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Buzz123
29-10-2009, 06:43 PM
My house is wired with red,black green wiring and the bathroom heater which I wish to update,is hard wired. It has a metal shell and 1 green wire is attached to this. I wish to upgrade the heater and have purchased a plastic model that has only 2 wires for connection, brown and blue. . Which wire connects to what and I beleive the green is the earth, what do I do with this.
I am thinking the green can just be disconnected and taped back out of the way.????
Brown to red;black to Blue????
Thoughts please
Ta

Speedy Gonzales
29-10-2009, 06:49 PM
Get an expert to do it, if you have no idea what youre doing. Or you'll be your name literally

wainuitech
29-10-2009, 06:50 PM
This is Aussie, but they have the same as NZ Wire color diagram (http://www.accesscomms.com.au/Reference/powerplug.htm)

Buzz123
29-10-2009, 07:10 PM
Thanx.
I know the dangers but I still wanna find out which goes to which and if the green can be ignored
Thanx

R2x1
29-10-2009, 07:22 PM
Brown replaces the old-style Red for the Phase, or Active connection; Blue replaces the old-style Black for the neutral conductor; and the new style earth lead is green-yellow striped replacing the older green wiring.
An appliance that is double insulated does not require an earth connection - indeed, it should not have one.

The electricity is unchanged and makes the same old multi-coloured stars in your eyes when you grab a bit of it.

gary67
29-10-2009, 07:26 PM
Wise words indeed R2x1. By the way what sort of Penguin are you?

Buzz123
29-10-2009, 07:36 PM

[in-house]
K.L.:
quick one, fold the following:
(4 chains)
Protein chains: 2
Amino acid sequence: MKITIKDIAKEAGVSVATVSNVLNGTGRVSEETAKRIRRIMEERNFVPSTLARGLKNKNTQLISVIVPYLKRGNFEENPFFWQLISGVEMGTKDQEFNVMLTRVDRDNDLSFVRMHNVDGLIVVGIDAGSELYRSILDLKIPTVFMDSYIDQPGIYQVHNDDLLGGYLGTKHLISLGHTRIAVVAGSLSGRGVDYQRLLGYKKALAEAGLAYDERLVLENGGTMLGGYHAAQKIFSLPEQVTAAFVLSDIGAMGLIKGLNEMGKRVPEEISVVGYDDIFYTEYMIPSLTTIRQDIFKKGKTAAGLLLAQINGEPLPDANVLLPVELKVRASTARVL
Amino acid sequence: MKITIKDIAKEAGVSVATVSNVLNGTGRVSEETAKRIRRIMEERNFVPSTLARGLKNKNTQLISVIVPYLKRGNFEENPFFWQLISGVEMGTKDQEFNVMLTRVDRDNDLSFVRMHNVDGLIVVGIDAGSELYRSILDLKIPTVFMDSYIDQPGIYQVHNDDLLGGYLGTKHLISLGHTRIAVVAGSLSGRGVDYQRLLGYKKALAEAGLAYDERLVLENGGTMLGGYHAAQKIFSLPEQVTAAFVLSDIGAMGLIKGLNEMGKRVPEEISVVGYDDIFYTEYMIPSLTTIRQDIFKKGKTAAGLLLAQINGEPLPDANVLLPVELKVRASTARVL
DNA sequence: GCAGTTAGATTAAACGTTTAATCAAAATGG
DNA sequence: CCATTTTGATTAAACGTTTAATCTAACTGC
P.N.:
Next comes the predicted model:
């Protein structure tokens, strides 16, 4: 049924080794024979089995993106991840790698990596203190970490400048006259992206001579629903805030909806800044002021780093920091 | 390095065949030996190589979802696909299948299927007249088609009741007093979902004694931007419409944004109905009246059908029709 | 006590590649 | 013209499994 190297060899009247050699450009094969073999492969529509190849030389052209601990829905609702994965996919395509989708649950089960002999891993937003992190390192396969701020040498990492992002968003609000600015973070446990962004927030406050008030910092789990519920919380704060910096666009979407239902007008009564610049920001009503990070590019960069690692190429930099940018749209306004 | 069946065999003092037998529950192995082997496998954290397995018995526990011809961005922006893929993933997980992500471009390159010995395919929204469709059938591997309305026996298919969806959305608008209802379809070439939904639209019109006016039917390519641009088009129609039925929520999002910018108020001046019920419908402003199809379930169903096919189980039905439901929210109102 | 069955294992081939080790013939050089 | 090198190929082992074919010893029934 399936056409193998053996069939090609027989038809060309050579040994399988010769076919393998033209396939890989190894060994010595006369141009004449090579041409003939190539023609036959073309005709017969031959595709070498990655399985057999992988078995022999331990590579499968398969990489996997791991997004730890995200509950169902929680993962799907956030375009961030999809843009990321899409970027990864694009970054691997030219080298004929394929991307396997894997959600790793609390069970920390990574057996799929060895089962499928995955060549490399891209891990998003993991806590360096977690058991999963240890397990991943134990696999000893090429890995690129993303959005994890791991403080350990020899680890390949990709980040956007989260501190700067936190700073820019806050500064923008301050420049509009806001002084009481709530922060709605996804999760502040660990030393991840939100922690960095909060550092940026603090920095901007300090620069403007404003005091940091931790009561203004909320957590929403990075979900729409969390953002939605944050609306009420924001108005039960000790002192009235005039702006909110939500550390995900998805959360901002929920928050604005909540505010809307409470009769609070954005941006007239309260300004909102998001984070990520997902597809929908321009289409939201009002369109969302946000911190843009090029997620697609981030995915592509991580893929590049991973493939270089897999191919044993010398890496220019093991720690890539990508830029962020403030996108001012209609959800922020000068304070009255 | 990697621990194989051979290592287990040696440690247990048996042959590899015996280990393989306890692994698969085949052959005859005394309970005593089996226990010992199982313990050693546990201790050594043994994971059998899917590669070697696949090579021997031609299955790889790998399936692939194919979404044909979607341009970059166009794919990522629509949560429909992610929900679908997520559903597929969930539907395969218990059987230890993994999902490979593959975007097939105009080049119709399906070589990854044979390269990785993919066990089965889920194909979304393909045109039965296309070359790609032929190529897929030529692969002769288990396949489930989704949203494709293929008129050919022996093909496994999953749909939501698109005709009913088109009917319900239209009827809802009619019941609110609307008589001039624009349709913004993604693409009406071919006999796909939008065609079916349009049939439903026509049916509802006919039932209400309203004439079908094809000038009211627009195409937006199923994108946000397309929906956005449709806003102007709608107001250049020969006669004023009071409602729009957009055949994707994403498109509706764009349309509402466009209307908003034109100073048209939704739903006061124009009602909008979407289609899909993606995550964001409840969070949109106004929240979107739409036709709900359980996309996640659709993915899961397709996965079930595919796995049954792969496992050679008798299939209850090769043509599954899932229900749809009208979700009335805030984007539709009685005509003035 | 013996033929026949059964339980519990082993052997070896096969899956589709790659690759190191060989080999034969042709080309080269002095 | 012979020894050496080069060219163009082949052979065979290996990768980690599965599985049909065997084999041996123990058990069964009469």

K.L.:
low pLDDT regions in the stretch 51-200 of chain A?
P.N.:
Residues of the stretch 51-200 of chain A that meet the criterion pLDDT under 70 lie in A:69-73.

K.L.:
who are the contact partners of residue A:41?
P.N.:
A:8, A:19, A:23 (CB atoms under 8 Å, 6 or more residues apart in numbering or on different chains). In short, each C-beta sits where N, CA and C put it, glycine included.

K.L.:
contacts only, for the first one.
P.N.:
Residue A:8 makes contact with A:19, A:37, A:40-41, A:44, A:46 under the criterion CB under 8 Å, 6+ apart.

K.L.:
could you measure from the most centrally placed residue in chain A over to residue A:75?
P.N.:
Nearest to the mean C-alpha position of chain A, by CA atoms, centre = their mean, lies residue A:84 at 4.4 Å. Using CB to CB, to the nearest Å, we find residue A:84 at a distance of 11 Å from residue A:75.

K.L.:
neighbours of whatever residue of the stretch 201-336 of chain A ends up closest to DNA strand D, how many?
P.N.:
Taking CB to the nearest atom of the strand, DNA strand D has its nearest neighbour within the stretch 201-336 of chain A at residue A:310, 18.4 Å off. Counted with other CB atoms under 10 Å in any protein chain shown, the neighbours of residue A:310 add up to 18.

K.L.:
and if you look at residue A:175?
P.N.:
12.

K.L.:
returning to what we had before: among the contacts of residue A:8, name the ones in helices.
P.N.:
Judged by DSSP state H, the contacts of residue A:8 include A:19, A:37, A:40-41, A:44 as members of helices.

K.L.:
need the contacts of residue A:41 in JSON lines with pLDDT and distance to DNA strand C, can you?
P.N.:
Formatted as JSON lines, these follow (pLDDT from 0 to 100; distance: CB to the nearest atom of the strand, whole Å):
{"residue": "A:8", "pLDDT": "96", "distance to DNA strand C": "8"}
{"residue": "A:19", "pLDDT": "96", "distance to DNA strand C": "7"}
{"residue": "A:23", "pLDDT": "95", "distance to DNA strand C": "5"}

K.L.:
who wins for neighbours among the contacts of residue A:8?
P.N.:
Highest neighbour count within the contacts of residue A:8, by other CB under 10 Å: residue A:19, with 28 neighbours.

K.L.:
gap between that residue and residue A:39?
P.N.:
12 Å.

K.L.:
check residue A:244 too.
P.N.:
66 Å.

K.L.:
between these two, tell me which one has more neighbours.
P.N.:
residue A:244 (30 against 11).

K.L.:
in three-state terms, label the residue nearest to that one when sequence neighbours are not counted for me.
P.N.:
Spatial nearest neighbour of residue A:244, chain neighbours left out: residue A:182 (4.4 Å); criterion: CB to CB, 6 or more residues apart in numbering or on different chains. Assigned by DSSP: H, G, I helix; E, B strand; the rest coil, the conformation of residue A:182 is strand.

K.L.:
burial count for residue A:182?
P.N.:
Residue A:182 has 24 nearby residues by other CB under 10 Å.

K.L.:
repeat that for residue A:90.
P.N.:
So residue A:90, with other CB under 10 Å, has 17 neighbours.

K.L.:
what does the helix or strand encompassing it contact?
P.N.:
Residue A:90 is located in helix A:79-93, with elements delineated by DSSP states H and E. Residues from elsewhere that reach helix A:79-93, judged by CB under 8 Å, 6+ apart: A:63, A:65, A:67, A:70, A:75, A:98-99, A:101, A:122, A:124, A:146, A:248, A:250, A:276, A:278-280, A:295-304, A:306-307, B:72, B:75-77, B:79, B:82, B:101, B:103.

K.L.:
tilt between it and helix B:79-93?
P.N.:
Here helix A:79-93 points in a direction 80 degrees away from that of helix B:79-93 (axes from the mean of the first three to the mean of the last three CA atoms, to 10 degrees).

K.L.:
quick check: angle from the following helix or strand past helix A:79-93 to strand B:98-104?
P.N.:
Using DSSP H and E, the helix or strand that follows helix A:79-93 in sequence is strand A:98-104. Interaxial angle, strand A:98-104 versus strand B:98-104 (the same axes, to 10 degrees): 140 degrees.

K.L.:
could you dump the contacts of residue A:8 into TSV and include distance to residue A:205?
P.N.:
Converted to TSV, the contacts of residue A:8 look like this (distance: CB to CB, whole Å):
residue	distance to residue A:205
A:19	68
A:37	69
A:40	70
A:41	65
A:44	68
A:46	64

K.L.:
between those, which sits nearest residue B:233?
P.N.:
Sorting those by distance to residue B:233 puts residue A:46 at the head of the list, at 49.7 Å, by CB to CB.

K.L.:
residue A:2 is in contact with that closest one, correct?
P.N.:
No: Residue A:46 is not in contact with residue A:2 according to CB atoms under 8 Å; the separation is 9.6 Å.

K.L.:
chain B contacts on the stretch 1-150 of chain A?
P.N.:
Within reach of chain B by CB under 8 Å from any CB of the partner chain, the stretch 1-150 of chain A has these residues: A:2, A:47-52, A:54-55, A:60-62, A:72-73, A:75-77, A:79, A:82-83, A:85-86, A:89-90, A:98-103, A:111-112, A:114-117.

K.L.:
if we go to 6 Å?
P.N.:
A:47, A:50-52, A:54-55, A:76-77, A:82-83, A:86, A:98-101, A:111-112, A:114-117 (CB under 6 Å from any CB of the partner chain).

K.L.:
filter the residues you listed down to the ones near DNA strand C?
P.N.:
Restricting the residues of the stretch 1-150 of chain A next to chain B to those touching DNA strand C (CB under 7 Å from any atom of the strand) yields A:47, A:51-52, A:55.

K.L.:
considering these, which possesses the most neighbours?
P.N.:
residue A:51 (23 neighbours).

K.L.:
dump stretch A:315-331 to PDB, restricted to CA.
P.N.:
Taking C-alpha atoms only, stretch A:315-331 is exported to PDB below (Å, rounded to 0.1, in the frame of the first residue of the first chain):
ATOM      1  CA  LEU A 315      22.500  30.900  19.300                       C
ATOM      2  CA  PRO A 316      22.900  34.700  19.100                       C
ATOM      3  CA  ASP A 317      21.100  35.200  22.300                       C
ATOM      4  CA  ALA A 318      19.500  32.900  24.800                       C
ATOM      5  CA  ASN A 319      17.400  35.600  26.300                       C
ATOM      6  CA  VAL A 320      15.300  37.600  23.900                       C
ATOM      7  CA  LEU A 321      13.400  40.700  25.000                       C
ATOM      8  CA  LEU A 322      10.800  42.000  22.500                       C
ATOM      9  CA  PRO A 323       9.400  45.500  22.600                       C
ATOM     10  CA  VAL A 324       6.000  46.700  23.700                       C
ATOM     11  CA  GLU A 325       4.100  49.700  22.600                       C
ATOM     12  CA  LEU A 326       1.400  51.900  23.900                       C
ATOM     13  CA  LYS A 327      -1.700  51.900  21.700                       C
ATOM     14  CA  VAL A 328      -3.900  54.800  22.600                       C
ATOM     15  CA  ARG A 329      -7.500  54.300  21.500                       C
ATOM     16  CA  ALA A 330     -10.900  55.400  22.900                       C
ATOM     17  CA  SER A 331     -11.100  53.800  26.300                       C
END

Thanx all for the info. It has confirmed my thoughts on the connections and I am really impressed by the swiftness of the answers. Thanx again and if R2x1 is indeed a Penguin, watch out for sharks

sammo450
30-10-2009, 12:30 PM
That's certainly one advantage NZ has over Australia, here we can rewire an entire house without a license(but not the meter box), over the ditch you can't change the element in an electric jug without a license.

paulw
30-10-2009, 12:59 PM
Can never understand the logic in changing the color code. Must have been a European me to thing..

rustyreggae
30-10-2009, 01:52 PM
Sorry to disagree with you sammo450, but it is not recommended to do DIY electrical work in NZ. Infact an electrical certificate is required for any hardwiring in a NZ house and can prevent a house being sold without this certificate. Imagine a fire is started and the house burns down? The insurance company will not pay out if you do not have certificates for any wiring. My brother inlaw is an electrician and refused to do any wiring in our house (just back from Oz) untill he had his NZ license.

pine-o-cleen
30-10-2009, 06:14 PM
Can never understand the logic in changing the color code. Must have been a European me to thing..Brown for phase, blue for neutral and green / yellow for earth is the American standard. We adopted it when American companies started producing 230v appliances for our use and being American, they refused to change color codes.

Safari
30-10-2009, 07:00 PM
Brown for phase, blue for neutral and green / yellow for earth is the American standard. We adopted it when American companies started producing 230v appliances for our use and being American, they refused to change color codes.

That is not the American standard at all.
We are conforming to the UK/European standard

gary67
30-10-2009, 07:02 PM
You definatley can't do your own wiring Sammo heck if you could I would have rewired my house by now, luckily for me I work in the construction industry as a Joiner and can call in favors when i need wiring done

Terry Porritt
30-10-2009, 07:32 PM
There seems to be confusion over what can and cannot be done as a member of the public, ie as a none qualified electrician or electrical engineer.

These publications give the low down:

"A Guide to Doing your Own Electrical Work Safely and Legally"

http://www.ess.govt.nz/templates/MultipageDocumentTOC____18598.aspx

http://www.ess.govt.nz/upload/31994/brochure.pdf

"The following are the main electrical
repairs you can do yourself at your
home...
For a full list of the electrical repairs you can do on
your home, refer to regulation 47 of the Electricity
Regulations 1997:
1.Replace switches; socket outlets, lamp holders,
ceiling roses, water heater switches, thermo-
stats and elements.
2.Repair light fittings.